Botany in Ancient Egypt – Part 2

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by Jemma

 

Part 1 of this blog post (https://herbologymanchester.wordpress.com/2015/03/17/botany-in-ancient-egypt-part-1/) focused primarily on how the ancient Egyptians acquired their extensive botanical knowledge. This second blog post will now look more closely at some of the plants that they commonly used – some of which you may know!

An Egyptian mummy wrapped in garlands of unidentified plants.
An Egyptian mummy wrapped in garlands of unidentified plants.

 

Papyrus

One of the most well-known plants associated with ancient Egypt is Cyperus papyrus. The most famous use for this plant was to make an early form of paper. However, papyrus was used by the Egyptians for multiple purposes and was not limited solely to the production of paper. Other common uses of papyrus include the production of ropes, mats, baskets, sandals and chairs. The plant was also used to hold together bouquets of flowers and eaten as food. The open head of a papyrus plant was also a hieroglyph called ‘wadj’, meaning ‘green’, or ‘to be renewed’.

An amulet in the form of the ‘wadj’ hieroglyph. On top of the papyrus plant, there is a falcon head, representing the god Horus or the sun-god Ra. Suspension hole at the back, for stringing.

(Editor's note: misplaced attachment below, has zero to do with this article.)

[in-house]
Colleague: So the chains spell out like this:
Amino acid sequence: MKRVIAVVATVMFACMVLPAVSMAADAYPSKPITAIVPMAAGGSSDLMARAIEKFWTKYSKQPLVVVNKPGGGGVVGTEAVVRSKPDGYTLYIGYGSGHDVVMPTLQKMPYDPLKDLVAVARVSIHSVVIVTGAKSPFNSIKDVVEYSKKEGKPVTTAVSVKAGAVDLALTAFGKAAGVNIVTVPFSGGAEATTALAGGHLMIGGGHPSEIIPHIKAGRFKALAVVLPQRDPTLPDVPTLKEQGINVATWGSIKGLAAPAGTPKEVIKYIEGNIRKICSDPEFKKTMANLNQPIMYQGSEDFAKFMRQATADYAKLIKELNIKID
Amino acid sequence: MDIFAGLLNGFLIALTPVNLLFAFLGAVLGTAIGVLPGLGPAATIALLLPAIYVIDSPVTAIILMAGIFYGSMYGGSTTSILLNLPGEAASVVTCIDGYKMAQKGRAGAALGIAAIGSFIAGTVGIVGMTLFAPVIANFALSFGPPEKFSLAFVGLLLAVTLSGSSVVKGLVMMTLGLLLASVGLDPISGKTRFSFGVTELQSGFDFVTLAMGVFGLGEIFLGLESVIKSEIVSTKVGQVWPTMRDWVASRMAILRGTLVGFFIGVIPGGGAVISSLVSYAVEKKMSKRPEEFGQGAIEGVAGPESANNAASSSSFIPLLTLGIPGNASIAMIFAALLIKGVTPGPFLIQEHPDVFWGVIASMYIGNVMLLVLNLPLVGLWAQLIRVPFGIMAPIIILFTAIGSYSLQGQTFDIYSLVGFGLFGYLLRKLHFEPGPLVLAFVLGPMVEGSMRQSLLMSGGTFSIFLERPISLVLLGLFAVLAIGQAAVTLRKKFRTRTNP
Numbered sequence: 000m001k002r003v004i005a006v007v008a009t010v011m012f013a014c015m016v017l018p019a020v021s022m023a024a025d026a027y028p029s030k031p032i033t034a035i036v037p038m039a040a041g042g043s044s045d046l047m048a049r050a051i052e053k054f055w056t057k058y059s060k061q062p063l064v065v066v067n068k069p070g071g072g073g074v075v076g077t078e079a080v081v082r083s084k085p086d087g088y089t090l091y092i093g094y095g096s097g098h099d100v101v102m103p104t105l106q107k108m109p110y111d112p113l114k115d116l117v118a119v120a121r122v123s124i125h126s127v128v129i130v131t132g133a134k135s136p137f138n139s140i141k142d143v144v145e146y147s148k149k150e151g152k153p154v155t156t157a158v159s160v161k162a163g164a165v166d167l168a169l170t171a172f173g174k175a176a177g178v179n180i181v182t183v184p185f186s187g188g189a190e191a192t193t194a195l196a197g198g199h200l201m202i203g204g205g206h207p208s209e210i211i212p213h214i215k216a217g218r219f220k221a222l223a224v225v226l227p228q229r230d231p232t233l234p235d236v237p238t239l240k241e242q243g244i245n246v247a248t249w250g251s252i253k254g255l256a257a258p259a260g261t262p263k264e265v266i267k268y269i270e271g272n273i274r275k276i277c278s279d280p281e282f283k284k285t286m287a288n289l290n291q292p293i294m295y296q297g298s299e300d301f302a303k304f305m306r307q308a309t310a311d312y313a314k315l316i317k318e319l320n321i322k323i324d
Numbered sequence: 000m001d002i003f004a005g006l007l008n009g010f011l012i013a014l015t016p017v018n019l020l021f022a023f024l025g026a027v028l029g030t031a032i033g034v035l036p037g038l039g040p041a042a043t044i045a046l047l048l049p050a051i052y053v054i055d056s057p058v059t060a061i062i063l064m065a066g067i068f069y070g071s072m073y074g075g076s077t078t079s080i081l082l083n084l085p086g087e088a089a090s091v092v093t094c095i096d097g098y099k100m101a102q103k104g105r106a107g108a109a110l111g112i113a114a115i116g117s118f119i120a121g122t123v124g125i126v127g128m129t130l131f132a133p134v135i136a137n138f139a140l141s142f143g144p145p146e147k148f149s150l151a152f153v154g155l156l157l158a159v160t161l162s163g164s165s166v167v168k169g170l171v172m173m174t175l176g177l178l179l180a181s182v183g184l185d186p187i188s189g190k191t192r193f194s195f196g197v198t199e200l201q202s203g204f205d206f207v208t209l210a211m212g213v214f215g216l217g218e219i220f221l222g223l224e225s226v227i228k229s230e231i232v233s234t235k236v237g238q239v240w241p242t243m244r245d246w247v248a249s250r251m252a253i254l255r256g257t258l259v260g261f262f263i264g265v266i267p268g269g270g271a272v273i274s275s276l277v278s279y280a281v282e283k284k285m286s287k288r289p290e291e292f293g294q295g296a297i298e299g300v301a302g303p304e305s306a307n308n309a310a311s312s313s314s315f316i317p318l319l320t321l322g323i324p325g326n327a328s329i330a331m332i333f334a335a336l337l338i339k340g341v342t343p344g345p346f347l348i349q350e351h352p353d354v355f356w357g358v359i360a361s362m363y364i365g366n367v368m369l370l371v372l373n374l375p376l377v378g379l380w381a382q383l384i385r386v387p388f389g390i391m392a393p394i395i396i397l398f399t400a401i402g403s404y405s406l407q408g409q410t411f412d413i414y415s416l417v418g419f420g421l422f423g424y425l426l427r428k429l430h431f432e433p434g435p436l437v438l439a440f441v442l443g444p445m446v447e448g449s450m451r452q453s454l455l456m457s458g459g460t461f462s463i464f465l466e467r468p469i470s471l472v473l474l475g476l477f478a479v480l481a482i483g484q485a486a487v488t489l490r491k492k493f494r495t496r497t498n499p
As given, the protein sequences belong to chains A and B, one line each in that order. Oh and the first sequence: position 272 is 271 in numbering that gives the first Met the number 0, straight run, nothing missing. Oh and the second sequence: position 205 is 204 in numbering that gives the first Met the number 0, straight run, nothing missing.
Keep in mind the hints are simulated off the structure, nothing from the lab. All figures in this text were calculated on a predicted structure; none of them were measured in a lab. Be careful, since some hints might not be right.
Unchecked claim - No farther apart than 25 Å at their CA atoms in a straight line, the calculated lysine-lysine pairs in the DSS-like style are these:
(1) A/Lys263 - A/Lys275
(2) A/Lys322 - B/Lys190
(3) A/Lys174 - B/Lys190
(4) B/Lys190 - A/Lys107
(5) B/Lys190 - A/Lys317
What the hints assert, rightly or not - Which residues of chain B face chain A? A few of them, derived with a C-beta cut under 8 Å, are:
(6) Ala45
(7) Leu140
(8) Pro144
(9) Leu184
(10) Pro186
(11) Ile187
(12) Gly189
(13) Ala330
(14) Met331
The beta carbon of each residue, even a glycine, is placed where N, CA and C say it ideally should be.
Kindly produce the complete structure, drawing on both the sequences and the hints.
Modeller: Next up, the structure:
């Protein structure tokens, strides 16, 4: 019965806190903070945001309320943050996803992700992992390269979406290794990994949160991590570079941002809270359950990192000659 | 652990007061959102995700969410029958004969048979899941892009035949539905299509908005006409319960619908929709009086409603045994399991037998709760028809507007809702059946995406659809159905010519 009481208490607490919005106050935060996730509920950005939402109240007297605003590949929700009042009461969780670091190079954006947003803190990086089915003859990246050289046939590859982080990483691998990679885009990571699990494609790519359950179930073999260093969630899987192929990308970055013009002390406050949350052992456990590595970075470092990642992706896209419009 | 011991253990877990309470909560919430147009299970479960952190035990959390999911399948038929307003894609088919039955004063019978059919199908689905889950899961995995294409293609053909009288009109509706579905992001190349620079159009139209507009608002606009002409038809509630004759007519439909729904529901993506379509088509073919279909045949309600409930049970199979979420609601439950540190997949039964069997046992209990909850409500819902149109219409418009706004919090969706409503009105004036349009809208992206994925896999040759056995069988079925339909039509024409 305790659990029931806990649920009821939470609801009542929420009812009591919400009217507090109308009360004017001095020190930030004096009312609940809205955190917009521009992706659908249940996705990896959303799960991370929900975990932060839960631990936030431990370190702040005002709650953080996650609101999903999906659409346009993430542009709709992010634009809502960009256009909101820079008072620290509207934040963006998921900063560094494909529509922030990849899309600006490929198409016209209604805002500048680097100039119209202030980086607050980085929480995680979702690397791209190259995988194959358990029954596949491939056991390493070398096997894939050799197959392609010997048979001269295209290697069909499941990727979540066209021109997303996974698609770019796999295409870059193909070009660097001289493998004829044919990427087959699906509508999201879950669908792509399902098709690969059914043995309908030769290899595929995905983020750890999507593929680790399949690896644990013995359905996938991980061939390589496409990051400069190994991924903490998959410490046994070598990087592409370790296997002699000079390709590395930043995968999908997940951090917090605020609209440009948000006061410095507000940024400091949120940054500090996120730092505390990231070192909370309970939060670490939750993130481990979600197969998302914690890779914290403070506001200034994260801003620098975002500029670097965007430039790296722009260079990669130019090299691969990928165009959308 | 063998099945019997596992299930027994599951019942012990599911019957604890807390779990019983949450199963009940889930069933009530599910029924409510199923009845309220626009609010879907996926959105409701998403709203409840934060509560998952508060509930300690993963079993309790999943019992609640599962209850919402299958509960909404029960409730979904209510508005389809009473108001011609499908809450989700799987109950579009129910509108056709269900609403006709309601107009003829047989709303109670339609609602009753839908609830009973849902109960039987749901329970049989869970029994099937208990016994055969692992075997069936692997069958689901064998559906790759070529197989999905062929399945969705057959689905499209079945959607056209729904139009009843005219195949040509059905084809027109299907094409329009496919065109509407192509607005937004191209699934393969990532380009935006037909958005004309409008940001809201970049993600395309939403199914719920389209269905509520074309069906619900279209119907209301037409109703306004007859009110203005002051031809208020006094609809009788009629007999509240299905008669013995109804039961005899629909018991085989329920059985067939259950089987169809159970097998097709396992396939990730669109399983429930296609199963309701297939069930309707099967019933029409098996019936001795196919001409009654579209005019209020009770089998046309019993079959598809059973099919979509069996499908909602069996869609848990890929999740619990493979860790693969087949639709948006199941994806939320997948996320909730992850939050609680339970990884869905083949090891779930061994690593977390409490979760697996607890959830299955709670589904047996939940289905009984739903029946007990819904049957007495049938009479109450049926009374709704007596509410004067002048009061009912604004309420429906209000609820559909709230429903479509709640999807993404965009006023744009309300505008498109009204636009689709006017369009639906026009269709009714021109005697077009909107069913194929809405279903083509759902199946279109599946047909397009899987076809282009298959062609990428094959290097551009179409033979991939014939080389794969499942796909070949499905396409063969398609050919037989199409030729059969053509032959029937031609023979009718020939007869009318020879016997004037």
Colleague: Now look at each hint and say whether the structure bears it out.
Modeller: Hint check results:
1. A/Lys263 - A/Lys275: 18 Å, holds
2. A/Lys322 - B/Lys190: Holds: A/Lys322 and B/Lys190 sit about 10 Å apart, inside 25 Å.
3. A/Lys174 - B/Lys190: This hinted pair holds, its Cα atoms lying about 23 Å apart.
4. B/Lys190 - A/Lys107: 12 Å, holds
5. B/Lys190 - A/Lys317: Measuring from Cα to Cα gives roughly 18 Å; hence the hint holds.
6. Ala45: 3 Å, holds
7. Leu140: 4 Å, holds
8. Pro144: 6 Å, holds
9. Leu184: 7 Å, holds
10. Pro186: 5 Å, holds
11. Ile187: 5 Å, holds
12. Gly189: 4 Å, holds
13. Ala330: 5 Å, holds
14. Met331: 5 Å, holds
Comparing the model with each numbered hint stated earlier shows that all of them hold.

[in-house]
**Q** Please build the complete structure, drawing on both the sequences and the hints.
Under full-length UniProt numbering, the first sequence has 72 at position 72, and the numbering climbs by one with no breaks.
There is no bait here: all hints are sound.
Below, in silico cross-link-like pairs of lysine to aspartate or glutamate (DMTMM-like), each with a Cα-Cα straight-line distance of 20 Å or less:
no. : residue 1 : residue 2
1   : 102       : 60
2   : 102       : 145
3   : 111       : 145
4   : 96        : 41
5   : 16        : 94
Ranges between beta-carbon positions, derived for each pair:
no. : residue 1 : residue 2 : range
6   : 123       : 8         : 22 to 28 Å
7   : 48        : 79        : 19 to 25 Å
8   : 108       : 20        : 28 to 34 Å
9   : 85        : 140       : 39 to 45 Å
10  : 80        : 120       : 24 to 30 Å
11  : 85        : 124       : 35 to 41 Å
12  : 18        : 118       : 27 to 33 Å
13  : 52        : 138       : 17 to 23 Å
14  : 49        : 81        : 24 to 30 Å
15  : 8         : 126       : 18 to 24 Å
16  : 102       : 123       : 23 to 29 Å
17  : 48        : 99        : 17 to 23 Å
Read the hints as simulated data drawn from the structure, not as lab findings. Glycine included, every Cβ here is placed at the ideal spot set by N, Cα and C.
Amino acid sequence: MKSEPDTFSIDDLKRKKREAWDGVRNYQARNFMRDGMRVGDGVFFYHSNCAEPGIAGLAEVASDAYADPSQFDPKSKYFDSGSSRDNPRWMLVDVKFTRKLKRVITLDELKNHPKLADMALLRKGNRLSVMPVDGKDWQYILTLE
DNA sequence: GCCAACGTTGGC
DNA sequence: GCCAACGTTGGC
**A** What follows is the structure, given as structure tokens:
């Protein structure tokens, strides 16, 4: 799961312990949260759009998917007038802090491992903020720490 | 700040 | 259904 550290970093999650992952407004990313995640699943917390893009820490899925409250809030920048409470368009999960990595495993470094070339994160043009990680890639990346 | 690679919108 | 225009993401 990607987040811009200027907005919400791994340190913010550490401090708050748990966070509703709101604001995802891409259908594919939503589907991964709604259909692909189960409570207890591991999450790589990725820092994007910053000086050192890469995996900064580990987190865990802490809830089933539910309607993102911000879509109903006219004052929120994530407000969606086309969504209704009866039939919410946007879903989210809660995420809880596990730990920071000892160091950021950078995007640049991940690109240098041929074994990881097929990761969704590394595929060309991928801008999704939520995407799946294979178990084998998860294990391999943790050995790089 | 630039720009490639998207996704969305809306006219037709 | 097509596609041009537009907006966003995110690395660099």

An amulet in the form of the ‘wadj’ hieroglyph. On top of the papyrus plant, there is a falcon head, representing the god Horus or the sun-god Ra. Suspension hole at the back, for stringing.
A fragment of a pottery vase that depicts a papyrus plant.
A fragment of a pottery vase that depicts a papyrus plant.

 

safflower

Safflower (Carthamus tinctorius) is a brightly coloured flowering plant that has heads of yellow, orange or red. From these colourful flowers, different coloured dyes can be extracted. Twelfth dynasty (1991-1803 BC) Egyptian textiles used these dyes to colour fabrics a red, yellow and orange colour. The dyes were sometimes even used on mummy wrappings to give them colour. It wasn’t only the flower’s dye that was used by the ancient Egyptians. Seeds from the flower have been found in temple offerings. Safflower garlands have been found sewn onto both papyrus and cloth wrapped around the mummies. These garlands were found in the tomb of Pharaoh Tutankhamun. Oil derived from safflower seeds was also used for medicinal purposes as a means to treat insect and scorpion bites.

A Materia Medica jar containing safflower
A Materia Medica jar containing safflower
Mummy wrappings. Some wrappings found have been dyed bright colours using safflower.
Mummy wrappings. Some wrappings found have been dyed bright colours using safflower.

 

juniper

Ancient Egyptian tombs often contained baskets of juniper berries (Juniperus communis). Oil from the berries was used for anointing the body during the mummification process. The plant was not only used with the dead as both Egyptian cosmetics and medicine sometimes contained J. communis. Juniper was employed medicinally in the treatment of headaches, asthma, indigestion and aching joints.